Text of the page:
Mulligan Receives 2018 Musgrave Prize

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Kenneth C. Griffin Department of Economics Professor Casey Mulligan has been named a recipient of this year's Richard A. Musgrave Prize, for his work with Trevor S. Gallen on "Wedges, Labor Market Behavior, and Health Insurance Coverage under the Affordable Care Act." The Musgrave Prize was created in 1999 in honor of economist Richard Musgrave (1910-2007) and is presented annually to the author/s of the best article published in the National Tax Journal. Winners are selected by the journal’s Editorial Advisory Board on "the basis of the degree to which their paper exemplifies the attributes of Musgrave’s work — strong analytical underpinnings, rigorous argument buttressed by solid empirical evidence, respect for the importance of historical and institutional factors, and relevance for public policy."

 

Using New 20th Century Datasets, Akcigit et al. Analyze Effects of Taxation on Innovation, Inventors, and R&D Firms

Understanding how taxation influences innovation is of central importance to create investment incentives for research and development, yet knowledge remains limited due to a lack of data, especially covering a long period of time.

In their recent VOX CEPR column, "Taxation and innovation in the 20th century," Ufuk Akcigit, John Grigsby, Tom Nicholas, and Stefanie Stantcheva use newly constructed datasets from the 20th century to examine the effects of both personal and corporate income taxation on inventors, as well as on firms that do R&D. It finds consistently negative effects of high taxes on innovation over time as well as on individual inventors and firms. Read full story »

Economist Paul Romer, SB’77, PhD’83, Wins Share of Nobel Prize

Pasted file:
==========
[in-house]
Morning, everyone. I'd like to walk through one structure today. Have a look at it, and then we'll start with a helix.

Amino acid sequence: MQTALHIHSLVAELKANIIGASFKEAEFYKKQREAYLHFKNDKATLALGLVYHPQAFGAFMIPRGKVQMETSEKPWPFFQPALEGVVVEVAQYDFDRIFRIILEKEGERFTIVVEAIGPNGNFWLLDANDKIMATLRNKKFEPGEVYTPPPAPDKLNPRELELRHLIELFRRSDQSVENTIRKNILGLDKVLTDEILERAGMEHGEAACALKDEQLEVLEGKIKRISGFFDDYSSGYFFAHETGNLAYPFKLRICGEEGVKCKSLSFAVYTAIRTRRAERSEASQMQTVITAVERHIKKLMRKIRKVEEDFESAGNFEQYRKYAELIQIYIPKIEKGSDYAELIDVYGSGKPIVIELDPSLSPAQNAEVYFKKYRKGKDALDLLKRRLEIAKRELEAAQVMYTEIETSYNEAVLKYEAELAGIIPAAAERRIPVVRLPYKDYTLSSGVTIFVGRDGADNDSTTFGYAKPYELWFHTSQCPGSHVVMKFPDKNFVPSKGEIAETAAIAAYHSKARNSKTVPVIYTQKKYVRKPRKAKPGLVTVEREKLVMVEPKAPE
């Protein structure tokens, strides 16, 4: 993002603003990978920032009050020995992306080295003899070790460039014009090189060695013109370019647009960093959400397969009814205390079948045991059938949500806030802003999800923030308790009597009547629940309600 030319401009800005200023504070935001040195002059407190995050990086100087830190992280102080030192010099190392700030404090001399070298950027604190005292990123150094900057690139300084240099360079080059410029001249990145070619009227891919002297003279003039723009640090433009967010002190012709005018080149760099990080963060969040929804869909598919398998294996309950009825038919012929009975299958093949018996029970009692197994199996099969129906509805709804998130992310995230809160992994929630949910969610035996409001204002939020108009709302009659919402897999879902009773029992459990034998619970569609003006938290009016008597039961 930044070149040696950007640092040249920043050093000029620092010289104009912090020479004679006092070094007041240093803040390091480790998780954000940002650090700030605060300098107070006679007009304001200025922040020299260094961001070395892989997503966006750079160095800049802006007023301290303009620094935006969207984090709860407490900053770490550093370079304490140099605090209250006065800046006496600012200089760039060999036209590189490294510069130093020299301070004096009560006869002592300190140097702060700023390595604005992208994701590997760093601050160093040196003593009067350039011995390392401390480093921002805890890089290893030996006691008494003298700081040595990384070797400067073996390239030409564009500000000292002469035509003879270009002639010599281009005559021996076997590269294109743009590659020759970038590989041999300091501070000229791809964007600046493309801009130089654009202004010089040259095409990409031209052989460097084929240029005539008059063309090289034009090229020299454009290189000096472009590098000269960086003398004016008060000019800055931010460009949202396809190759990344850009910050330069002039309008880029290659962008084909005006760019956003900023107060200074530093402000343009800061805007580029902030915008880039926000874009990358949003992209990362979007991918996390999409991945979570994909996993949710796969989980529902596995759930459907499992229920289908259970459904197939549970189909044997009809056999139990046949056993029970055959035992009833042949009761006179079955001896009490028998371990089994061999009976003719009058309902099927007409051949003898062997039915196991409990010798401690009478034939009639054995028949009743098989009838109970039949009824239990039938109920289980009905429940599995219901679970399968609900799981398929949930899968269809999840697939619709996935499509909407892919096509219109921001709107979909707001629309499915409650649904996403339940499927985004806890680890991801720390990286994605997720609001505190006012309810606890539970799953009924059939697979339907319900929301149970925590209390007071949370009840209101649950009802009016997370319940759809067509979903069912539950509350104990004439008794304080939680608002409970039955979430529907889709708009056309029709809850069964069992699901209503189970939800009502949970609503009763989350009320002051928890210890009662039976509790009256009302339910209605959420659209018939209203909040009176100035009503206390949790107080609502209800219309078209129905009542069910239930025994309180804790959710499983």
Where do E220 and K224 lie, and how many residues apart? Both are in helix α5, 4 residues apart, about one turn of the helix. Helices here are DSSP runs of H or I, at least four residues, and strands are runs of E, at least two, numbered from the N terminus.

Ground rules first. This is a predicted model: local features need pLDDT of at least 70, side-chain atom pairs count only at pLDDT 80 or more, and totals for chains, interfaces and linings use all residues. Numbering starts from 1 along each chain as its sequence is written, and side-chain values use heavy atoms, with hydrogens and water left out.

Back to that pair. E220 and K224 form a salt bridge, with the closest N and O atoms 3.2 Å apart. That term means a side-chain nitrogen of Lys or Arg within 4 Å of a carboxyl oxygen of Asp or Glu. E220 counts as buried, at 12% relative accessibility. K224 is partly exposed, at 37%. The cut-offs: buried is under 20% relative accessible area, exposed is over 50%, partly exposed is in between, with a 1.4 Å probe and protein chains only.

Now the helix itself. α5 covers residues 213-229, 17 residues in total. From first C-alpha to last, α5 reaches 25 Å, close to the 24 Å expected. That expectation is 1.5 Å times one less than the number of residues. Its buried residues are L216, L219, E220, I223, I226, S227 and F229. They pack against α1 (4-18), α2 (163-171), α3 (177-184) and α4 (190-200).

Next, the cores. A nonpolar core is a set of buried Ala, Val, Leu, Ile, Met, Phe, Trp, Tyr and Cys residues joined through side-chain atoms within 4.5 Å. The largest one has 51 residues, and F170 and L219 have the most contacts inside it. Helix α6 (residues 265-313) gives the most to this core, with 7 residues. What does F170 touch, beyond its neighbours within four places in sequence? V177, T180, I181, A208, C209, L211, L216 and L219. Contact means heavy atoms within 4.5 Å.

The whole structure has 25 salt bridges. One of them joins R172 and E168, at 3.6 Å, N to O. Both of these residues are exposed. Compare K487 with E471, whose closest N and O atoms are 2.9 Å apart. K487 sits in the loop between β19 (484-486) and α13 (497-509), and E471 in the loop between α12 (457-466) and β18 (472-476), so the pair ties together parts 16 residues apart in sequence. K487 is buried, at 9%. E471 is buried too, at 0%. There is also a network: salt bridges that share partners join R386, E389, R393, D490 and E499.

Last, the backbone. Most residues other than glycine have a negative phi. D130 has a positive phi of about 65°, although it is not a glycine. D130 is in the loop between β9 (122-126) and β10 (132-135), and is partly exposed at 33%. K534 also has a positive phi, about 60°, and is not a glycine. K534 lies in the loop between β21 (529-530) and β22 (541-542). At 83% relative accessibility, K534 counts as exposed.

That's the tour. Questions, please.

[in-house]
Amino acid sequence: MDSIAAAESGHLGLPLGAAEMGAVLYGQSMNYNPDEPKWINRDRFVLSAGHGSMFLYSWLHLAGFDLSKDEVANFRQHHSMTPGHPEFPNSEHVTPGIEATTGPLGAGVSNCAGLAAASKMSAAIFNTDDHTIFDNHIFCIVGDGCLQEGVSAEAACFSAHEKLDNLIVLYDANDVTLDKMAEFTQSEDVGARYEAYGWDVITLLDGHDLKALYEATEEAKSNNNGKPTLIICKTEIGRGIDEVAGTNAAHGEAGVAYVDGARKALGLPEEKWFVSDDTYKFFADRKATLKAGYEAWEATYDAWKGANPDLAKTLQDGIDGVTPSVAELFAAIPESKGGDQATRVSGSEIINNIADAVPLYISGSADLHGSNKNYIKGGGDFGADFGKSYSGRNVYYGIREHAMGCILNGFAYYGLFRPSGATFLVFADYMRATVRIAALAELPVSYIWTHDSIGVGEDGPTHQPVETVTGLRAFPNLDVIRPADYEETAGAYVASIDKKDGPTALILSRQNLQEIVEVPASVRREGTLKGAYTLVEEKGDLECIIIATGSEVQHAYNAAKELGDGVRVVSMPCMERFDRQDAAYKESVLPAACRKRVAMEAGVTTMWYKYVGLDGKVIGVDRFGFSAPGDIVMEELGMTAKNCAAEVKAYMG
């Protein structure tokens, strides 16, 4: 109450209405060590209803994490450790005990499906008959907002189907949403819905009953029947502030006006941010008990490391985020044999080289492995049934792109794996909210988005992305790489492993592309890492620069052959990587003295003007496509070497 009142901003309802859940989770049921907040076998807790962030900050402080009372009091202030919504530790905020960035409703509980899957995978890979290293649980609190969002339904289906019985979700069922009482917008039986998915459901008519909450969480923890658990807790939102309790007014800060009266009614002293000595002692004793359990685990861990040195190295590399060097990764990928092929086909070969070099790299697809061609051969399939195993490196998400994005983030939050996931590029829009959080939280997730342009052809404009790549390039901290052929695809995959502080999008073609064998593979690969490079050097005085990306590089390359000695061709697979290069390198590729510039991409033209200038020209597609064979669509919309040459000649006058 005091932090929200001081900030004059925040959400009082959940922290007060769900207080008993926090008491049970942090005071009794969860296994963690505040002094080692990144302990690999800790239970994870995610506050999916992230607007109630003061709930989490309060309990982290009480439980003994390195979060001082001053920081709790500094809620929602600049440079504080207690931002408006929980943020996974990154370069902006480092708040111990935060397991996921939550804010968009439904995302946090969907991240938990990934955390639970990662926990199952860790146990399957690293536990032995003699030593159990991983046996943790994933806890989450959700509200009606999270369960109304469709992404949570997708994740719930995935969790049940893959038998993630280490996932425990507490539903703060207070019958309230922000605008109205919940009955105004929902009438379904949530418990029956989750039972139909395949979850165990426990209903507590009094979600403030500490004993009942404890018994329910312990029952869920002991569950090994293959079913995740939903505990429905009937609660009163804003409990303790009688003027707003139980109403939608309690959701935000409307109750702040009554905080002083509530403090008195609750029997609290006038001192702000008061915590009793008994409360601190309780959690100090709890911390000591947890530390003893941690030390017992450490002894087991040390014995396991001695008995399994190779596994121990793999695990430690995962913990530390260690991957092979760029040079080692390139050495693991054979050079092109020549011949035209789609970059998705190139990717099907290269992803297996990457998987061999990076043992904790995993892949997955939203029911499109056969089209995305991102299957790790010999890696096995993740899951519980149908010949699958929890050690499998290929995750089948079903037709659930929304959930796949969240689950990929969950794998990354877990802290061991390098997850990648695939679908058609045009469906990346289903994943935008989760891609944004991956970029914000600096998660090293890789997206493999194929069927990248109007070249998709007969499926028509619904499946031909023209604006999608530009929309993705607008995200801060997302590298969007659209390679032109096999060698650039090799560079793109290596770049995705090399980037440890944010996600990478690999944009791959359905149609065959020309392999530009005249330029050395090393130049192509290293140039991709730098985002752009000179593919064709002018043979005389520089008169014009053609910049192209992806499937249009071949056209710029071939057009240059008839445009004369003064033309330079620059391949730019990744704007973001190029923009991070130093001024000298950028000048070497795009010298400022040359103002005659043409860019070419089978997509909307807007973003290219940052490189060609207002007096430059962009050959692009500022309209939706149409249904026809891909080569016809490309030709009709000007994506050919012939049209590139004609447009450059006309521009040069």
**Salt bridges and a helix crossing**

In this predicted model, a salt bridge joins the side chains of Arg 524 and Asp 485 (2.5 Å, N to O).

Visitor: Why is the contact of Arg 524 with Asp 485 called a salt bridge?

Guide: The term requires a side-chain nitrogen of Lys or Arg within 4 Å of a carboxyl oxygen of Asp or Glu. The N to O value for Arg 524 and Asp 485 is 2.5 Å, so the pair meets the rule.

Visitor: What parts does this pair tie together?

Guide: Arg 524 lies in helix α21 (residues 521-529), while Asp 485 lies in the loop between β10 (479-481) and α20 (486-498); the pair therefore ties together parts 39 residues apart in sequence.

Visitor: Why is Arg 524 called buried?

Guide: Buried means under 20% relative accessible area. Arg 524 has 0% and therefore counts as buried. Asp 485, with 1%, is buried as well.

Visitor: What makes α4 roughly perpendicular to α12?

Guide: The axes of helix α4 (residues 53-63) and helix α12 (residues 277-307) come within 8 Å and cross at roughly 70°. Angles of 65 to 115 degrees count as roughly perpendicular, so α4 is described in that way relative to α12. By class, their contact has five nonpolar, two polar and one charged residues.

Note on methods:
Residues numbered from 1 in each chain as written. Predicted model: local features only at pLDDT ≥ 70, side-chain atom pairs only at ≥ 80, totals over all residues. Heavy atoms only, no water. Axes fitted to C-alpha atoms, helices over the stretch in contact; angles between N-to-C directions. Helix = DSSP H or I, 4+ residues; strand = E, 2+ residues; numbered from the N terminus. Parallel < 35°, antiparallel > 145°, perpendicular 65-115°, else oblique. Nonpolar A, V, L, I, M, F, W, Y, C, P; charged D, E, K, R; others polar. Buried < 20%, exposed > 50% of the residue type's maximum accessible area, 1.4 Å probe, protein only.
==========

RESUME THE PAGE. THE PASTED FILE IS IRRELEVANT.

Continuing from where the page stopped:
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On today’s 50th anniversary of the Sveriges Riksbank Prize in Economic Sciences in Memory of Alfred Nobel, we are happy to announce the award was given to William D. Nordhaus and Paul M. Romer for their work on climate change and innovation.

I hope the prize today could help everyone see that humans are capable of amazing accomplishments when we set about trying to do something. If we set about trying to make the policy changes that are required here, we can absolutely make substantial progress towards protecting the environment—and do it without giving up the chance to sustain growth.” - Paul Romer [SB’77, PhD’83] quoted from a news conference with the Swedish Academy.

Romer received his Ph.D. from our department in 1983. His dissertation was supervised by Robert E. Lucas, Jr., Charles Kahn, and Jose Scheinkman. He served as an Assistant Professor at University of Rochester from 1982-1988, and then joined our department as Professor of Economics for the period of 1988-1990. Recently, Romer served as Chief Economist of the World Bank from October 2016 through January 2018 while on leave from his current position as Professor of Economics at the Stern School of Business at New York University and Director of the Marron Institute of Urban Management. William D. Nordhaus is currently the Sterling Professor of Economics and School of Forestry and Environmental Studies at Yale University.

Full story at https://news.uchicago.edu/story/economist-paul-romer-sb77-phd83-wins-share-nobel-prize

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